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    UNDERSTANDING: Emmetts Horsham sales representative James Gardner enjoyed time chatting with farmers at the Wimmera Machinery Field Days earlier this month.Pictures: PAUL CARRACHER

AgLife: Big-ticket machinery supply building

By Abby Walter

A site brimming with big ticket items at the Wimmera Machinery Field Days this year was evidence supply and demand of machinery is almost back to balance after years of delays.

Emmetts Horsham sales representative James Gardner said supply of machinery was definitely improving.

He said the Emmetts site at the field days did not have many new machines, but John Deere was due to release more to Australia.

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“In the next 12 months I expect we’ll see more machinery in yards at dealerships,” Mr Gardner said.

“Manufacturers are catching up now.”

Mr Gardner said the instant tax write-off scheme and low-interest rates pushed the increased demand in recent years.

“Now we have higher interest rates and no write-off, so farmers are holding onto their pennies a bit more,” he said.

“Things are still selling, most farmers still had a good year, but it’s not like it was.”

Mr Gardner said speaking to farmers he understood they had a reasonable year in the region, and while there were better yields in the northern areas, no one was upset by the season.

“There’s still money around. We had a real uptake in the past two years for new machinery and now we expect we’re in a slow spot for the next couple of years,” he said.

“Also, inputs are costing more at the moment and with land value what it is, which means a lot of interest, some people are putting money into land, which possibly offsets what they spend on machines.”

Goldacres’ marketing manager Stephen Richards said with machinery made in Australia, the supply of stock continued to get better.

“In the past three years we have been order takers more than anything and haven’t been selling as much because it’s been so busy,” he said.

“In 2020 it was dry, particularly in NSW, and then it started raining and it didn’t stop, so orders kept rolling in throughout COVID and it’s been some of the best years we’ve had.”

Mr Richards said the business had a slow start to the year, but was building momentum now.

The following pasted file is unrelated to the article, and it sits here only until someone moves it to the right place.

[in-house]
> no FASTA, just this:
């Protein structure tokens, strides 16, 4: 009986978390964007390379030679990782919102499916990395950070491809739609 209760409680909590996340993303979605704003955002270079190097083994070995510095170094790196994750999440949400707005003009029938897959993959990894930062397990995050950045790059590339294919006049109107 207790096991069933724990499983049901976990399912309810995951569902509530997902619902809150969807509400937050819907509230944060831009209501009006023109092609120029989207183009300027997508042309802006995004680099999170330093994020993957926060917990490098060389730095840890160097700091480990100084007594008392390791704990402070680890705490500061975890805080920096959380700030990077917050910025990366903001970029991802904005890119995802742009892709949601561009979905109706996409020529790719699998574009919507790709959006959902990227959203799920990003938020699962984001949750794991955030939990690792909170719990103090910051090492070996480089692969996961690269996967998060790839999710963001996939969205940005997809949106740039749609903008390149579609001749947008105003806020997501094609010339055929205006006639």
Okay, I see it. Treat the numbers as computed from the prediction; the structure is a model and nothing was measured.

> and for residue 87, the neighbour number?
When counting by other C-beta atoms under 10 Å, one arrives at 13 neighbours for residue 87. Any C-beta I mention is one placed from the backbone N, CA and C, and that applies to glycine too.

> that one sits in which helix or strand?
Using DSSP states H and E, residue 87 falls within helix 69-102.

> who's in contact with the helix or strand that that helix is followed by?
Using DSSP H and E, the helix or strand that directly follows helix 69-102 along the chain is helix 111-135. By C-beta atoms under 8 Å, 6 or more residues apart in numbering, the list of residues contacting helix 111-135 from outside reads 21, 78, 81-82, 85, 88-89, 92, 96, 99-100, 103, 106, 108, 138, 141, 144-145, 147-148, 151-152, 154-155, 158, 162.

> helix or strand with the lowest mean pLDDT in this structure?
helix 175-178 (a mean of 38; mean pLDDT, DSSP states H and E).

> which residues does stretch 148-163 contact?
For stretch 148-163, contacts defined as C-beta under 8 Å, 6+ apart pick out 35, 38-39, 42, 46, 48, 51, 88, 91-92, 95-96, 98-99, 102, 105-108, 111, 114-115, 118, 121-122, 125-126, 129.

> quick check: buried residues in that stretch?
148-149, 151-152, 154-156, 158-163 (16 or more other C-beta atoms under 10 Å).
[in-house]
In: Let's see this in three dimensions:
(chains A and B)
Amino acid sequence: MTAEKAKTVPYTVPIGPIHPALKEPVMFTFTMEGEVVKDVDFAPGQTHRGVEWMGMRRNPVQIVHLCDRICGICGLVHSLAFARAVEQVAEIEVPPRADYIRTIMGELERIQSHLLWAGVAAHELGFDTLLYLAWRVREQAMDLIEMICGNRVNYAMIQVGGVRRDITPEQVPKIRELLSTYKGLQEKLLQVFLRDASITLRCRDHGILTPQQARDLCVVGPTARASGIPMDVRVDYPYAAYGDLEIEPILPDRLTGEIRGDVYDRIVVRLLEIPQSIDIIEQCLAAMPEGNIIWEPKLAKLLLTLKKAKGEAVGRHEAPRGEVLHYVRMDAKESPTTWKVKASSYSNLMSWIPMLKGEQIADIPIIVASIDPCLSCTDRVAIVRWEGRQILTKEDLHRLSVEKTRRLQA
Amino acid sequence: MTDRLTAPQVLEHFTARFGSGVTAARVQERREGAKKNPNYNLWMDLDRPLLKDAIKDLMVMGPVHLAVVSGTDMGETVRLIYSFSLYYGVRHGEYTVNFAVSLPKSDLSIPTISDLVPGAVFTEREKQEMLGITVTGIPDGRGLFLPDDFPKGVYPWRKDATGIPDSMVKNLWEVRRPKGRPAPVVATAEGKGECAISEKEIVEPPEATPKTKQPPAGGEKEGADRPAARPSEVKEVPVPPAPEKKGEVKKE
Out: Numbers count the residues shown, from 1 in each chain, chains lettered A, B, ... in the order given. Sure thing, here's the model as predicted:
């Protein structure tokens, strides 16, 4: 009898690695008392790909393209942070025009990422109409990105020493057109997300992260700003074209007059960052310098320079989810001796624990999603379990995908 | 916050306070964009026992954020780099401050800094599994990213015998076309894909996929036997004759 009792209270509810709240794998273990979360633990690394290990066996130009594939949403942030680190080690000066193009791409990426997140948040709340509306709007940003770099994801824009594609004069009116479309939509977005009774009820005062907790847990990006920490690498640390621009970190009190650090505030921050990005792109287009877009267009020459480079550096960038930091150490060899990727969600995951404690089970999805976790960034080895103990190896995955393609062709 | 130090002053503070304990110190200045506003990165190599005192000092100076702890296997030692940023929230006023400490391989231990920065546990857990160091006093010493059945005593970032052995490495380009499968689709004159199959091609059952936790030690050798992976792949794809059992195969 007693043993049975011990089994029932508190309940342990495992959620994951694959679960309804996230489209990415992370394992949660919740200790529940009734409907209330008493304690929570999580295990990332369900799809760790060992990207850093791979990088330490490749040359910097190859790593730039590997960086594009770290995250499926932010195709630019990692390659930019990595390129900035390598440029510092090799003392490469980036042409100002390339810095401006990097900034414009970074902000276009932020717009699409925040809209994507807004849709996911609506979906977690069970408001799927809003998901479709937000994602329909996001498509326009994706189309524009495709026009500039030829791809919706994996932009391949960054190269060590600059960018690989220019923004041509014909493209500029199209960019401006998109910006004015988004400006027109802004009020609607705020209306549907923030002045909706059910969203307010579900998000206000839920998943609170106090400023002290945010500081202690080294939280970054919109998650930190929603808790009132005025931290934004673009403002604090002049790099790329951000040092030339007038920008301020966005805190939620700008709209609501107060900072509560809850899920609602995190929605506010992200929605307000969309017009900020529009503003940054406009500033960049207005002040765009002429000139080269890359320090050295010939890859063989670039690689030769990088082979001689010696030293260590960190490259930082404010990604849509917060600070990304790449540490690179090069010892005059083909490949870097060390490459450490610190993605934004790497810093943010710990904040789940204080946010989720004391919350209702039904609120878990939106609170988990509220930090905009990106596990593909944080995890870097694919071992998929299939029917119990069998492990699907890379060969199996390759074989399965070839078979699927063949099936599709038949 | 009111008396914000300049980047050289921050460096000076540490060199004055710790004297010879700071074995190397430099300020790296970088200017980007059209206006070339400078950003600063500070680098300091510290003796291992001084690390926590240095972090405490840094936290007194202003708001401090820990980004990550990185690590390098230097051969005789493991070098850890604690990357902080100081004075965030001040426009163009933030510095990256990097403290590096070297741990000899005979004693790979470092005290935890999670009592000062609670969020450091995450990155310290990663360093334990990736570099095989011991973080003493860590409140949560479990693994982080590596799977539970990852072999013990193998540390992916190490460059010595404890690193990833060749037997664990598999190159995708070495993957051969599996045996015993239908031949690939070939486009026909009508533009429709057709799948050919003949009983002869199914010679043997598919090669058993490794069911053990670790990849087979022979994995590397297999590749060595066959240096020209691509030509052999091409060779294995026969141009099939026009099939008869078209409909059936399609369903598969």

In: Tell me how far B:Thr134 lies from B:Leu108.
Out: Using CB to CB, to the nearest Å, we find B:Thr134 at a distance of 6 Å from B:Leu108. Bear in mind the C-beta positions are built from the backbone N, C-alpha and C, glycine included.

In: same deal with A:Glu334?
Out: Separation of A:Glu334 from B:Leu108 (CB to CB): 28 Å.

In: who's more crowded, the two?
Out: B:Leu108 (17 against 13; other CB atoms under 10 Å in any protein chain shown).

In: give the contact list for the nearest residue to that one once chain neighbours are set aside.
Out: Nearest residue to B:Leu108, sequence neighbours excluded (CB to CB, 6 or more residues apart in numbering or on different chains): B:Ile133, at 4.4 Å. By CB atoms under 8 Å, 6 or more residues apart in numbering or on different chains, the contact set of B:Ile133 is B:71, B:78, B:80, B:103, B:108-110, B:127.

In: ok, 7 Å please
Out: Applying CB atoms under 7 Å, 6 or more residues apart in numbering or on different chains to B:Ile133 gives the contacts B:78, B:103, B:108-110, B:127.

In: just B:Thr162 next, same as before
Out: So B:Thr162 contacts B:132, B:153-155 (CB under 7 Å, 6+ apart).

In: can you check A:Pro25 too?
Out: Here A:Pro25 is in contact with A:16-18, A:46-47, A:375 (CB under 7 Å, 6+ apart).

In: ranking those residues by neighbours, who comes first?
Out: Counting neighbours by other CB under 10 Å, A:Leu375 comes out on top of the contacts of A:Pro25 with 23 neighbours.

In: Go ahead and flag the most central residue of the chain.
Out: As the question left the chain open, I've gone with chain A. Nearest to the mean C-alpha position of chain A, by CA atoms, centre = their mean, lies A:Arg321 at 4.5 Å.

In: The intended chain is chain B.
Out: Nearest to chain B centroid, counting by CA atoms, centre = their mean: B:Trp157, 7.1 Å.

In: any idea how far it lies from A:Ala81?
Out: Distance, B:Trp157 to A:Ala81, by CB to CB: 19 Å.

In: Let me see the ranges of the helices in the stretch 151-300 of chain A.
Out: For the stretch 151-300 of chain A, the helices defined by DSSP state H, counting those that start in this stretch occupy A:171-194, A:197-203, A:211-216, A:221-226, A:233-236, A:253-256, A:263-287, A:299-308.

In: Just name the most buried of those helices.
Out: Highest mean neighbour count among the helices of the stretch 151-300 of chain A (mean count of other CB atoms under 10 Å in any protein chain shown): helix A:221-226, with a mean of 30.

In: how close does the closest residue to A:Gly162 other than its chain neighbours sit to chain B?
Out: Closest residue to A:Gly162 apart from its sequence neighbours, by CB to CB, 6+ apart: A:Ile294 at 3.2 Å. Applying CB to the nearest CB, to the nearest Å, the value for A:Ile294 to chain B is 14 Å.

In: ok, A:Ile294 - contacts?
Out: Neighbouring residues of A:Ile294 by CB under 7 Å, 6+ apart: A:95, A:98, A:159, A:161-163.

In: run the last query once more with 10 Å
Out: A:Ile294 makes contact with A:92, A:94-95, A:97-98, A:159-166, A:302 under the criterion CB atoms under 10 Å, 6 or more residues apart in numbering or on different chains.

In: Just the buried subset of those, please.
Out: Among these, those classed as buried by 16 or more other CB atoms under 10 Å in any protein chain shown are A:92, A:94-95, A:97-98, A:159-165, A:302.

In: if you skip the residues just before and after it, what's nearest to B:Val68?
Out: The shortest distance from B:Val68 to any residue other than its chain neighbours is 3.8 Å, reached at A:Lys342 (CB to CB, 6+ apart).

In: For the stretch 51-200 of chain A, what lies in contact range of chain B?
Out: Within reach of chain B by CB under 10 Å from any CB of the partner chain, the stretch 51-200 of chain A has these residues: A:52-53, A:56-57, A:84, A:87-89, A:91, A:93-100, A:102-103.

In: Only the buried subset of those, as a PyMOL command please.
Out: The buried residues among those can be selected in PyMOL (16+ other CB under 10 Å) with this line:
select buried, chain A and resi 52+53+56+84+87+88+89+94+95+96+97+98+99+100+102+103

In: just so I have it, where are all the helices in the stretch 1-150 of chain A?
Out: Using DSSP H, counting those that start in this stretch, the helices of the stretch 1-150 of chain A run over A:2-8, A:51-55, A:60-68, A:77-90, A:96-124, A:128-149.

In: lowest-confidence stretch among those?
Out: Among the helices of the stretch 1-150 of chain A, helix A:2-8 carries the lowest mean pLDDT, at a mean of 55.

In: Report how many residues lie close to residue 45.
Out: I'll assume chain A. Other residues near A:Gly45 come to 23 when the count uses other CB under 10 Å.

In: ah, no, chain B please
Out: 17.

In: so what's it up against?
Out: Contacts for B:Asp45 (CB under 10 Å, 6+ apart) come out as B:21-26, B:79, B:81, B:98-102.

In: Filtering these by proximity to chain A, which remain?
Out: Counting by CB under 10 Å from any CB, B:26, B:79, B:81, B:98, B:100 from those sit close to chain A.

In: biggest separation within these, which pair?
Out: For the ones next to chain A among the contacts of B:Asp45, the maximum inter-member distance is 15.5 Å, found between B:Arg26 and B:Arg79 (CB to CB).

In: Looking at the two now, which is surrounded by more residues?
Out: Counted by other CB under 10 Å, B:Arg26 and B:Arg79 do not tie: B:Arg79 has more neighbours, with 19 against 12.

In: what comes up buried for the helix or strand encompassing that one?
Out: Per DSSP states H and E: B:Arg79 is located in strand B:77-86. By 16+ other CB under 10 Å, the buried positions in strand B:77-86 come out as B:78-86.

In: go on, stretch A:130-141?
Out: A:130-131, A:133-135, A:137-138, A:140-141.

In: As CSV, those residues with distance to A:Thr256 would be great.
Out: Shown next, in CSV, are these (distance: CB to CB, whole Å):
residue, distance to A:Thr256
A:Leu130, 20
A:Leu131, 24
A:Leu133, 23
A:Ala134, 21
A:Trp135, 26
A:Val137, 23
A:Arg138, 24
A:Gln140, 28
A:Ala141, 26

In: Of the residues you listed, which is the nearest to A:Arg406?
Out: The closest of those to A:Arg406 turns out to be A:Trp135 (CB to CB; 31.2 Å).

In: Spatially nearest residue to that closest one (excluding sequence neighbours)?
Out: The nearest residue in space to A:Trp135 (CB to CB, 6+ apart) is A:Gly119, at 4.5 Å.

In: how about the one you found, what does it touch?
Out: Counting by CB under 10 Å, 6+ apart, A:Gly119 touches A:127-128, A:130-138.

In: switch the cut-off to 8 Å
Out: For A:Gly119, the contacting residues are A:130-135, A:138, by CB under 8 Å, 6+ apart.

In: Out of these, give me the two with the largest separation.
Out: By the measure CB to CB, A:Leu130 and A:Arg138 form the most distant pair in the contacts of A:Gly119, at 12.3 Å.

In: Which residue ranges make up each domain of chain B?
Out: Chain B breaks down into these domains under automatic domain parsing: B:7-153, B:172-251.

“We built a lot of orders in the lead-up to Christmas to start the year fresh and it probably took about a month for it to fire up again, but we’re seeing a lot more orders now,” he said. “It’s shaping up to be quite a good year, but you never really know – we haven’t had rain for about a month, but it will rain again and weeds will grow.”

Mr Richards said the field days were a chance to showcase the big range of products Goldacres had to offer, particularly regarding spraying.

“We showed the new G4 series two, our latest edition with a new engine, new transmission, all the updates and green-on-green camera technology to detect weeds in crop,” he said.

TractionAg sales team member Steve Graetz said access to machinery had improved greatly in comparison to recent years.

“While there was greater demand, it has steadied because of the tax incentive and with interest rates moving,” he said.

Mr Graetz said a tremendous amount of equipment was upgraded and improved in the same period of time.

“It’s amazing how much can change in two to three years,” he said.

“On the field days site, we had new technology on show with our fully-autonomous Fendt with its cameras and emergency stop functions – you can set it and it goes.

“Anything we had on-site in terms of spreaders was already sold – everything has its season and people’s minds are on spreading and cropping at the moment.”

The entire March 27, 2024 edition of The Weekly Advertiser is available online. READ IT HERE!

The entire March 27, 2024 edition of AgLife is available online. READ IT HERE!